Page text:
Lately I've become fascinated with a BBC television program from few years back, Wire In The Blood. It is based on the novels of Val McDermid, one of my favorite writers. The series follows the work of psychologist/criminal profiler Dr. Tony Valentine Hill (brilliantly played by Robson Green, left) who helps the police in the fictional town of Bradfield on the Scottish border. For such a remote area they sure have a lot of serial killers up there but I'm a firm believer in suspension of disbelief. The series is very dark. Very, very dark and Dr. Hill, for all his boyish charm, is the darkest part of the series. In the books Tony was severely abused as a child by the evil grandfather who raised him. The years of abuse have left him hyper-aware of the evil mind. It has also left him sexually repressed which is bad news for the female detectives he works with who are always falling for him.
As I have been watching each episode I am aware of two things – the sexual tension is almost unbearable at times and the darkness of the minds of the killers that Tony can enter with such facility is utterly, utterly fascinating.
I have been thinking about why we are so drawn to darkness in entertainment. The popularity of the Twilight books and movies is one example. The decades of books from writers such as Anne Rice is another. Some months back I got involved in an online discussion forum which involved a number of discussions about Catholicism. Ms Rice is also a member of that forum and we got into a rather exciting (for me) discussion of darkness, its allure and its meaning, very much framed within the traditions of the Catholic Church. Both of us grew up Catholic, spent years rejecting our Catholicism and have, in recent years, felt drawn back in to the Church. Her last several books have been very Catholic in theme, two about the life of Jesus and her latest, Angel Time, the first in a series called The Songs of the Seraphim. After years of writing about vampires, witches, and other paranormal subjects, she has chosen to now write about angels which has caused some of her long-time fans to be upset but has also gained her a new fan-base, people who appreciate the new tone of her books.
I recently started Angel Time and, though I am only a few chapters into it, I can tell you none of the delicious darkness she is so good at is missing. The story, briefly, is about an assassin who is steeped in his own darkness when he encounters an angel named Malachai who sets about helping him to atone for his sins. The whole concept is clever and delicious and I'm enjoying the story. The thing is while I was engaged in our discussion, I realized something I've always known but had never been consciously aware of, the Catholic Church makes a place for darkness and, in doing so, provides a place for redemption. Darkness is the entry point of redemption and I am beginning to think that is a large part of its allure.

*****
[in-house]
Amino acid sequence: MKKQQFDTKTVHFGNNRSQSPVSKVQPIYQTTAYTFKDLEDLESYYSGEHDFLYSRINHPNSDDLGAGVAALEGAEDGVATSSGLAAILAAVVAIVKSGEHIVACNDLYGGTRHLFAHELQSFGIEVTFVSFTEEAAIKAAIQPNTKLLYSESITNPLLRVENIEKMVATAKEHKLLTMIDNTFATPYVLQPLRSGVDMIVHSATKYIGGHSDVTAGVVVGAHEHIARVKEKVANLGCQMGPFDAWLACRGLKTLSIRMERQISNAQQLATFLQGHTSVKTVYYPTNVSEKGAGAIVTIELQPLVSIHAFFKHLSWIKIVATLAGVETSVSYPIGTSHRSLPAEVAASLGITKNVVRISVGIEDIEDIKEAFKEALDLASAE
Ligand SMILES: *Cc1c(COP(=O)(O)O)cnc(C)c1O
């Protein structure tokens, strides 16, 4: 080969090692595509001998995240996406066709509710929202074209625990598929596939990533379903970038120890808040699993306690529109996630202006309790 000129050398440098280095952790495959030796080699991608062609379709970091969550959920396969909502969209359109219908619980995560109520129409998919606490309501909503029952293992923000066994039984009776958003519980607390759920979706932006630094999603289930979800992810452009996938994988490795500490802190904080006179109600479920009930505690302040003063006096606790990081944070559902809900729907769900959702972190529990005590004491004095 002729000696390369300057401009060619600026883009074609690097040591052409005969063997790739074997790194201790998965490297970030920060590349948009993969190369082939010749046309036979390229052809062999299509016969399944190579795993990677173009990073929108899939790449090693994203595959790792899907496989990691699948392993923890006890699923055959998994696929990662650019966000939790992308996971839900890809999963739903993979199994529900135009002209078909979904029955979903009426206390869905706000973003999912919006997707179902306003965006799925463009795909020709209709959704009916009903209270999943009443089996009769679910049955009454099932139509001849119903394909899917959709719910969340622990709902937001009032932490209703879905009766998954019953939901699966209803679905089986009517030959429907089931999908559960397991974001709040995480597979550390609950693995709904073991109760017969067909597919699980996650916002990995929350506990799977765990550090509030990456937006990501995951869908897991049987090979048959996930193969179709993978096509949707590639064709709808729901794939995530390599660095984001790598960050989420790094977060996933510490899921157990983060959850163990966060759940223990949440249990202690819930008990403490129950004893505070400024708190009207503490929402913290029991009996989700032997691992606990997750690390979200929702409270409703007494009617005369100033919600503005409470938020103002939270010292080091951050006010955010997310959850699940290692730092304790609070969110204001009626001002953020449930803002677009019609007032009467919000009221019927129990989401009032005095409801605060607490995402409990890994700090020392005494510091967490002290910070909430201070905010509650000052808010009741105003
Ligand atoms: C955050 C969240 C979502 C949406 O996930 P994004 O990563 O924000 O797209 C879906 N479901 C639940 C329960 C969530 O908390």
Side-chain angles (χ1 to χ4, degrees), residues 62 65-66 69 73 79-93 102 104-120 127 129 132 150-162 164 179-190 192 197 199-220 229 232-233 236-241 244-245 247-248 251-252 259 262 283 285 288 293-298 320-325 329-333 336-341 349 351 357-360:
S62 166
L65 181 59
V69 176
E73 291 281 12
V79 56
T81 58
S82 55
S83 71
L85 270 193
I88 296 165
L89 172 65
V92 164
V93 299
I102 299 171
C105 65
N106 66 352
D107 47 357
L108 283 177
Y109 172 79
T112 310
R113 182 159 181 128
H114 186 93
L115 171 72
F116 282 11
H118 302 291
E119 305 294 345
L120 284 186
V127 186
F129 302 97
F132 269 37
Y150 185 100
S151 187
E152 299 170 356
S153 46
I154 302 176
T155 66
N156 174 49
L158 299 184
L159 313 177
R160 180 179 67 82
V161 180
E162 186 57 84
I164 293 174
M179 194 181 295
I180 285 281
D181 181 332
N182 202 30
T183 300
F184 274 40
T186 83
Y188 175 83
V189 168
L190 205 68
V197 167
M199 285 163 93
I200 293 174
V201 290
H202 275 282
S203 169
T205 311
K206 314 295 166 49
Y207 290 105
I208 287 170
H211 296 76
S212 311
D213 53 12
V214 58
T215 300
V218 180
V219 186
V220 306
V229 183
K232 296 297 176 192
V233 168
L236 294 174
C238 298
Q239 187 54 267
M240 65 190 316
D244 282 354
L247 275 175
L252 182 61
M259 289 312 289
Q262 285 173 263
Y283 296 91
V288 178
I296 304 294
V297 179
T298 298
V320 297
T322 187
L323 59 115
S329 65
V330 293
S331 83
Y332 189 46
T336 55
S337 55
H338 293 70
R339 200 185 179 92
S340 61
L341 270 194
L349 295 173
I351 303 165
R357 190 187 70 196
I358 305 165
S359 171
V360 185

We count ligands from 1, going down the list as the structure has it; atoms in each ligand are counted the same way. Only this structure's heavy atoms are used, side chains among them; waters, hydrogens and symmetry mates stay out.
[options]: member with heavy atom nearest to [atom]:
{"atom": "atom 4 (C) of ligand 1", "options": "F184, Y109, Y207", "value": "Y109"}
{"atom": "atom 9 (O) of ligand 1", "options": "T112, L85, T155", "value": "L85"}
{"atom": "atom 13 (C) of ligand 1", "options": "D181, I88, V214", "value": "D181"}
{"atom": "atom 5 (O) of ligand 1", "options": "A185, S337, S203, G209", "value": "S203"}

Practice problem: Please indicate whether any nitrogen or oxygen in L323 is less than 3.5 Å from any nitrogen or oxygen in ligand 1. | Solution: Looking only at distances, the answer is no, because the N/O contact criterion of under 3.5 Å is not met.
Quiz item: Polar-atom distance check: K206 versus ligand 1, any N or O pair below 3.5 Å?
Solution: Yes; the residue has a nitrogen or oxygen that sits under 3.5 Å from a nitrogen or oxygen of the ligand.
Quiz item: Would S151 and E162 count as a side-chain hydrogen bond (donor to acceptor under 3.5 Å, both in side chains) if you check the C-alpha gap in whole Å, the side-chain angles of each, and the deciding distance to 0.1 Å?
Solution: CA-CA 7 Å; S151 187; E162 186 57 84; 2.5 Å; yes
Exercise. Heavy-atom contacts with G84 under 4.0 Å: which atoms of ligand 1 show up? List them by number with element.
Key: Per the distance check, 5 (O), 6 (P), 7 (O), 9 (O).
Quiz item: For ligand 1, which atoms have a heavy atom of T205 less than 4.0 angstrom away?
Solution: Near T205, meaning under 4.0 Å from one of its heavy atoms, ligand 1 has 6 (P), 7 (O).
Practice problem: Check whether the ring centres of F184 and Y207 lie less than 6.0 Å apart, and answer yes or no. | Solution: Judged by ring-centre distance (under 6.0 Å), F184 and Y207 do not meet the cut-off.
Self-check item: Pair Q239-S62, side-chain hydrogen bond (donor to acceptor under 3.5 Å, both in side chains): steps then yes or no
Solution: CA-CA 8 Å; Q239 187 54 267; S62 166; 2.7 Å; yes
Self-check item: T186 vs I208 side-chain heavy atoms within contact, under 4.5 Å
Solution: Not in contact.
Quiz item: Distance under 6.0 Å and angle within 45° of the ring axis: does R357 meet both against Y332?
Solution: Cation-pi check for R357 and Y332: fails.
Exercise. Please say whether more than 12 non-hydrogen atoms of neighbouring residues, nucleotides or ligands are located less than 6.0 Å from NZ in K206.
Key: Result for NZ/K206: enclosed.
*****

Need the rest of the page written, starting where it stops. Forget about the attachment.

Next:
Throughout the centuries the redemption that pierced so much of the literary and cinematic darkness was, of course, love. This dark and brutal creature, hideous in all his perversity, is saved by love - “'Twas beauty that killed the beast.” And whether it is a damaged man with the power to enter into the mind of serial killers, a handsome vampire who longs to be good, or an assassin like Toby O'Dare, we are tantalized by the darkness. Darkness is not the same as blackness. Blackness is full rejection of everything redeemable. But darkness longs for redemption. Darkness is lush and sensual and filled with transcendence. Darkness is infused with Eros and, though in recent decades Eros has come to be synonymous with sex, that is not its full meaning. Eros is fertile, fecund and, above all, creative.I recently wrote about Pope Benedict's invitation to artists --- the Church has a long tradition of recognizing the fecundity and transcendence of creativity.
We live in times when people have polarized opinions about religion. Some despise it and call it useless and corrupting and others use it as a means of bullying and controlling and belittling. Neither is correct nor ultimately satisfying. People are hungering for something they don't even understand and so they are drawn to the tantalizing, lavish, mysterious darkness. I suspect they long to be pierced to the core as St. Theresa (right) describes in writing about her ecstasies.
As a writer I've always been in love with that darkness. Over and over and over readers have told me how luscious they found the dark, dangerous character Baptiste in The Old Mermaid's Tale. He's every woman's dream and every woman's nightmare. Now, as I am impatiently awaiting the debut of Each Angel Burns, I try to imagine how readers will react to the darkness and eventual redemption at the core of that story, too. I can only wait and hope....
Thanks for reading.